Friday, December 19, 2008

Malcolm Gladwell on Writing


"My writing model is my mother, who is a writer as well. She always valued clarity and simplicity above all else. If someone doesn't understand what you're writing, then everything else you do is superfluous. Irrelevant. If any thoughtful, curious reader finds what I do impenetrable, I've failed. My highest compliment is when someone comes up to me to say, "My 14-year-old daughter, or my 12-year-old son read your book and loved it." I cannot conceive of a greater compliment than that — to write something that as an adult I find satisfying, but also that manages to reach a curious 13- or 14-year-old. That's my model, and if that's your model, then you have to write in a way that's accessible. Clear writing is universal. People talk about writing down to an audience or writing up to an audience; I think that's nonsense. If you write in a way that is clear, transparent, and elegant, it will reach everyone. There's no idea that can't be explained to a thoughtful 14-year-old. If the thoughtful 14-year-old doesn't get it, it is your fault, not the 14-year-old's. I think that's a very important fact."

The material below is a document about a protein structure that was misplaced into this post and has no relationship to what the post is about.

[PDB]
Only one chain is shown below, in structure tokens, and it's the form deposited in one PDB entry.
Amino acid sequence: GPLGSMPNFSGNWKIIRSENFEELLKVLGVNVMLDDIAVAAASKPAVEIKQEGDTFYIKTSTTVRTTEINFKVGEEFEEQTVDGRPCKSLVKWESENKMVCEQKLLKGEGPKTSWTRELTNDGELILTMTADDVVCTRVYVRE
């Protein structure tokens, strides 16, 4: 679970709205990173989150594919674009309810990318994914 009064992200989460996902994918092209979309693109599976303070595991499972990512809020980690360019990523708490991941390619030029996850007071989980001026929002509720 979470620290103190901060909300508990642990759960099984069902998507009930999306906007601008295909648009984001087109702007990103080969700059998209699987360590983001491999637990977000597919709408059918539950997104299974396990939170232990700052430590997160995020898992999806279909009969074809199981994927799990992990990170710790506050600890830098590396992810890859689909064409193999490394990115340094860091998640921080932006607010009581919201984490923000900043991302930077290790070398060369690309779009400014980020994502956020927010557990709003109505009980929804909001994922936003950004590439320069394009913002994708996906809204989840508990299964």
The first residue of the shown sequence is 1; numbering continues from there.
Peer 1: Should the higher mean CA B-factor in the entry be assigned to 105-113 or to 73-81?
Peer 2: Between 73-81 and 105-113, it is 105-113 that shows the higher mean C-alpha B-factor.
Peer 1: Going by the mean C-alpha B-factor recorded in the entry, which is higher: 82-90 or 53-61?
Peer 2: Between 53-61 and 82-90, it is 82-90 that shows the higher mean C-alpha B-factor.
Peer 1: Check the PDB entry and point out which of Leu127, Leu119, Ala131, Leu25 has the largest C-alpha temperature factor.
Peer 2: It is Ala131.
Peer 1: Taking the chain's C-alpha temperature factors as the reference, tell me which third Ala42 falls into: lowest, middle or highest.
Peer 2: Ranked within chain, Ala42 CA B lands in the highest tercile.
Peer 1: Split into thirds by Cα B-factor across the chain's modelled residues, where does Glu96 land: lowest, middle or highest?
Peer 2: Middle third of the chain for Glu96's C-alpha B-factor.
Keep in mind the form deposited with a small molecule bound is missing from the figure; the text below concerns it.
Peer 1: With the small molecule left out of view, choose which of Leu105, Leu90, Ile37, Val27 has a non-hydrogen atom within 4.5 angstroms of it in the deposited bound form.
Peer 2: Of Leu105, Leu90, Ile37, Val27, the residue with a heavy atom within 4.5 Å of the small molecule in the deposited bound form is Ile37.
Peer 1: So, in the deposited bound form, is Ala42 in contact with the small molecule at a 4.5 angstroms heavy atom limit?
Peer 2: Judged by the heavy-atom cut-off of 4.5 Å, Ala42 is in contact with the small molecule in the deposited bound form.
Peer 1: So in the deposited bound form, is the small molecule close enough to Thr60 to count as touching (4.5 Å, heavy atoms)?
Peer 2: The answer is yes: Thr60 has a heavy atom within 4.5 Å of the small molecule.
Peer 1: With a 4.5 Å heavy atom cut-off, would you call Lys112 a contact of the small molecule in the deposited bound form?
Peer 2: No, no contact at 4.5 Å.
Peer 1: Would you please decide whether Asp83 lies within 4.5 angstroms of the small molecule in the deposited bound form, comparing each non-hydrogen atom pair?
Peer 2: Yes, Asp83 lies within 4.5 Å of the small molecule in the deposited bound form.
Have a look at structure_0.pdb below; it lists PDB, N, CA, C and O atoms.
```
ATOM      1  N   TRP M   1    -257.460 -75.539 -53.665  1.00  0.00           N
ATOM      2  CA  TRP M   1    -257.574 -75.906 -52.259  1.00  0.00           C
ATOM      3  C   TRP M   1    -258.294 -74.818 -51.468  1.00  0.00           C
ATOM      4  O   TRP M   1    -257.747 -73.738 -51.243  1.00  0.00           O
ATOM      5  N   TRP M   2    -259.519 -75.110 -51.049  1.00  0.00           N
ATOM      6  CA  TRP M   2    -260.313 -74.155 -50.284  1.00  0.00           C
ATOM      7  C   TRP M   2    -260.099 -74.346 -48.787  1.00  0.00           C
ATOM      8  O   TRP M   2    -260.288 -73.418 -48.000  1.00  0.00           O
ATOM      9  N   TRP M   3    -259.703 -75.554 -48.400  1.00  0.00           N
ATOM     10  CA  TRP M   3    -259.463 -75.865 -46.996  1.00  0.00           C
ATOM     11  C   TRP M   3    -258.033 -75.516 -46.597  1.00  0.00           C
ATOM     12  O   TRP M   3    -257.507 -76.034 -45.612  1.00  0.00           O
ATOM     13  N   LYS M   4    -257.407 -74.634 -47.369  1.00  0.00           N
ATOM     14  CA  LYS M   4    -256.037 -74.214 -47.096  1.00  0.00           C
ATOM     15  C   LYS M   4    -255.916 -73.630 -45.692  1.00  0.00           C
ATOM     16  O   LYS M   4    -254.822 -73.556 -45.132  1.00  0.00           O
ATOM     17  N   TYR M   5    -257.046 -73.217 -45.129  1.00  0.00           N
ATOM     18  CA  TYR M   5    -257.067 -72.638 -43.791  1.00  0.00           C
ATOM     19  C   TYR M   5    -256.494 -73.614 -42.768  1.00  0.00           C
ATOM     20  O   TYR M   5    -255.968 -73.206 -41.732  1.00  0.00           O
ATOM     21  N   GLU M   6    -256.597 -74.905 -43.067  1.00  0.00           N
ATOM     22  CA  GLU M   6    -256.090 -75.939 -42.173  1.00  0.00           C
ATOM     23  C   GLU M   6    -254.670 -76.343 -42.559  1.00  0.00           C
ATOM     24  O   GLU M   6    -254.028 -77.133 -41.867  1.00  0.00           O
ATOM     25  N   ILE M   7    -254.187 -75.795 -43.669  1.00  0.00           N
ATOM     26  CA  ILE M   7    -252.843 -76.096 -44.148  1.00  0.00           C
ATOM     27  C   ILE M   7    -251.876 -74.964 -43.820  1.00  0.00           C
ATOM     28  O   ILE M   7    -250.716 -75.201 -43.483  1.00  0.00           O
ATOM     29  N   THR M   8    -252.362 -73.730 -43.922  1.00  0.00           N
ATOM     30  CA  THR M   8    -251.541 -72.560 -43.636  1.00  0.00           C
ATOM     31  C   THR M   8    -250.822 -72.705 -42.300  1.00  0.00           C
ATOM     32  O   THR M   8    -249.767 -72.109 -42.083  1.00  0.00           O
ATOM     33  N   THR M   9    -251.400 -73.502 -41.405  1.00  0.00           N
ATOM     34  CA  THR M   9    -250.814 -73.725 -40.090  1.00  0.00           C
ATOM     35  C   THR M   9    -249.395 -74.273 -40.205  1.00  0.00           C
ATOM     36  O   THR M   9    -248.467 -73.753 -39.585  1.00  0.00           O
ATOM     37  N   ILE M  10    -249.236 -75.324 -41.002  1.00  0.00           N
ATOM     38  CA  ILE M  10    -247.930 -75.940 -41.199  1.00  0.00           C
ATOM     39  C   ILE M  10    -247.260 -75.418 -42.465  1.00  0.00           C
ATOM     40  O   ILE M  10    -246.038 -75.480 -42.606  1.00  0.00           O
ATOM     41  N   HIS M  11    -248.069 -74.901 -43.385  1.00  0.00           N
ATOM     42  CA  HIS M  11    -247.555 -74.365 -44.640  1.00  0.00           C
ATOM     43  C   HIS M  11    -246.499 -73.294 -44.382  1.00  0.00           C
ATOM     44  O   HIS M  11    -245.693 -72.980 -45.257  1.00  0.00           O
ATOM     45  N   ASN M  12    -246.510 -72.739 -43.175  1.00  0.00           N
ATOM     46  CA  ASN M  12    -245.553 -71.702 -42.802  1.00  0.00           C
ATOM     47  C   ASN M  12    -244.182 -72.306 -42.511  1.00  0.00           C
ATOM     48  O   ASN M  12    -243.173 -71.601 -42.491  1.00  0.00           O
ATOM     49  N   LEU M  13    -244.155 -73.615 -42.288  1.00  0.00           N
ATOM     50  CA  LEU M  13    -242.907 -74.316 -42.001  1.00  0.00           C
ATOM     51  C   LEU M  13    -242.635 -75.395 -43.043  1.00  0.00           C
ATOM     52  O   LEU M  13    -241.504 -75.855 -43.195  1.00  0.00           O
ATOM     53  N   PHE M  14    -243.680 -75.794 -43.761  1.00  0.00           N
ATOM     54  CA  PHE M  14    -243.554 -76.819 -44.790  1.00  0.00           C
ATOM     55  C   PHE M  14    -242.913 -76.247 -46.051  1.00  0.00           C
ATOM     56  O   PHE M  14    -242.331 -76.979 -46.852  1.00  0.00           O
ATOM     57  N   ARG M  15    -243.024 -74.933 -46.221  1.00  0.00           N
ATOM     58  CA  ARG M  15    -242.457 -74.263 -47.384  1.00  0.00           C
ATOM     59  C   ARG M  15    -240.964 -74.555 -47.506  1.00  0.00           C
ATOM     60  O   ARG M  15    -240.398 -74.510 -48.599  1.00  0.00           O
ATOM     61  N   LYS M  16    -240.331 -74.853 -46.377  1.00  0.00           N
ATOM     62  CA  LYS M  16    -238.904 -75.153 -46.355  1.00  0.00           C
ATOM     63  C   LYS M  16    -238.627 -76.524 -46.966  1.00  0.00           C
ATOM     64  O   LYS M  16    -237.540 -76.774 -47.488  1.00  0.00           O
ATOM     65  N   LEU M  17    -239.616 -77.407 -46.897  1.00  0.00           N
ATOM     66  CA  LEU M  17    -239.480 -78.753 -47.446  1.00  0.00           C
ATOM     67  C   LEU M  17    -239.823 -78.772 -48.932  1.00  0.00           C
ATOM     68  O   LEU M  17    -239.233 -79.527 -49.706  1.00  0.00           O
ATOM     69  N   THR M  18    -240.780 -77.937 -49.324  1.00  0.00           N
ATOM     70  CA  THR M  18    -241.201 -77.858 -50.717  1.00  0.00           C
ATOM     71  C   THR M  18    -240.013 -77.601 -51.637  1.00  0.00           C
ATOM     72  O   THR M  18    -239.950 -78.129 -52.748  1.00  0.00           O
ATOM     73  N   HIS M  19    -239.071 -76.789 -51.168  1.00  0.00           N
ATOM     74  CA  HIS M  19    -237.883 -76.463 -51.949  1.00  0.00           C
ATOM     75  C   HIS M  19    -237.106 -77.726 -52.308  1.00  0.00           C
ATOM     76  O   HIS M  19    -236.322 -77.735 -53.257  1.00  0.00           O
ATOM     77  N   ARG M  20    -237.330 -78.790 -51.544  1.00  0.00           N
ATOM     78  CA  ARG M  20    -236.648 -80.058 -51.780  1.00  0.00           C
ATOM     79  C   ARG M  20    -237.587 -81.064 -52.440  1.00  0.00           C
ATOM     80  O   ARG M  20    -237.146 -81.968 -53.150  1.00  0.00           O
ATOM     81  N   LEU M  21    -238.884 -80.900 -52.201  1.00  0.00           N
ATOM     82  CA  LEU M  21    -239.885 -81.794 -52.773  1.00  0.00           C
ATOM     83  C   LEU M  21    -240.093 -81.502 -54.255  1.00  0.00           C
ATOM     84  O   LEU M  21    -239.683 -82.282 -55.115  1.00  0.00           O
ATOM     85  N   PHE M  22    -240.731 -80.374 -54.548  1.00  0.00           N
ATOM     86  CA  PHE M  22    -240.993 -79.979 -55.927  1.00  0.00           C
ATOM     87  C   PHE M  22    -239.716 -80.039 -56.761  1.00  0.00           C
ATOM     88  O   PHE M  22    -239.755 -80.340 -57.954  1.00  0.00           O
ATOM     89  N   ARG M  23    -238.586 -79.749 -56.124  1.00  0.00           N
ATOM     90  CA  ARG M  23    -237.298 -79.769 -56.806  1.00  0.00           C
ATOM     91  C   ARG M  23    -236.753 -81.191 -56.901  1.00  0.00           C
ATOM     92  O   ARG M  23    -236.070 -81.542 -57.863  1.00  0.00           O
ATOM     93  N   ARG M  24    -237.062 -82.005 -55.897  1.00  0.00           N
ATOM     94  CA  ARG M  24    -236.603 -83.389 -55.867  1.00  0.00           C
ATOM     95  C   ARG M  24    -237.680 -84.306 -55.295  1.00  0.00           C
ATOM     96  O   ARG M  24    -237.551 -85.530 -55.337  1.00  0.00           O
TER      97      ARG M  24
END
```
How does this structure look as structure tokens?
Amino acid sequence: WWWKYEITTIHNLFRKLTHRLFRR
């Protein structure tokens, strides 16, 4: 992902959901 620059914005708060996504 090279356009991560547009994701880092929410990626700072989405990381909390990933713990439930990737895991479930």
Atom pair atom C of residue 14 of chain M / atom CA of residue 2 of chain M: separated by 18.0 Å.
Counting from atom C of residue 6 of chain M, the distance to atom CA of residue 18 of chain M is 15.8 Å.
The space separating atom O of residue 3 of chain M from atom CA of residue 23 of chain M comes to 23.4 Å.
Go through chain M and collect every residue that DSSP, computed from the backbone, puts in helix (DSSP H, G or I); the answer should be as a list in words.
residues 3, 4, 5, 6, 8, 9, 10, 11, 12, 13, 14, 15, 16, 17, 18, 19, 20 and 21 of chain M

~ Malcolm Gladwell


Intrigued by some of the ideas in his newest book, Outliers: The Story of Success, I Googled this bestselling author and found this tidbit about writing in a recent interview with Malcolm Gladwell. These words from the author of Blink, The Tipping Point, and Outliers, express the importance this writer gives to clarity. I have always believed that good writing is clear writing. The point of writing is to be understood--not to confuse. (But what about poetry? Poetry is a different art, to be taken much less literally. I've never been good at writing poetry, or even deciphering it, although perhaps poetry is to be felt, above all else, as is music.) Of course, a fourteen-year-old doesn't have the same experience as a forty-two-year-old, so the understanding may not be as great, but the point is that writing should be clear and concise, and convey a story and ideas. What do you think?

2 comments:

  1. I agree totally. I have read a lot of writing in all of its stages, and some people are just good at saying what they mean from the get go and some people just grab the first thing that pops out of their head. While there is nothing wrong with that(after all, it is their thought processes at work) the editing effort will be much greater to get to the nuggets of good clear writing.

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  2. I find that I continually rewrite or edit my words to make sure I'm using exactly the right ones to make things as clear as possible to readers. (In fact, I've even altered this post slightly since I first published it to accomplish this very task.)

    Thanks for your comments, Kim.
    I wish you continued success with your book!

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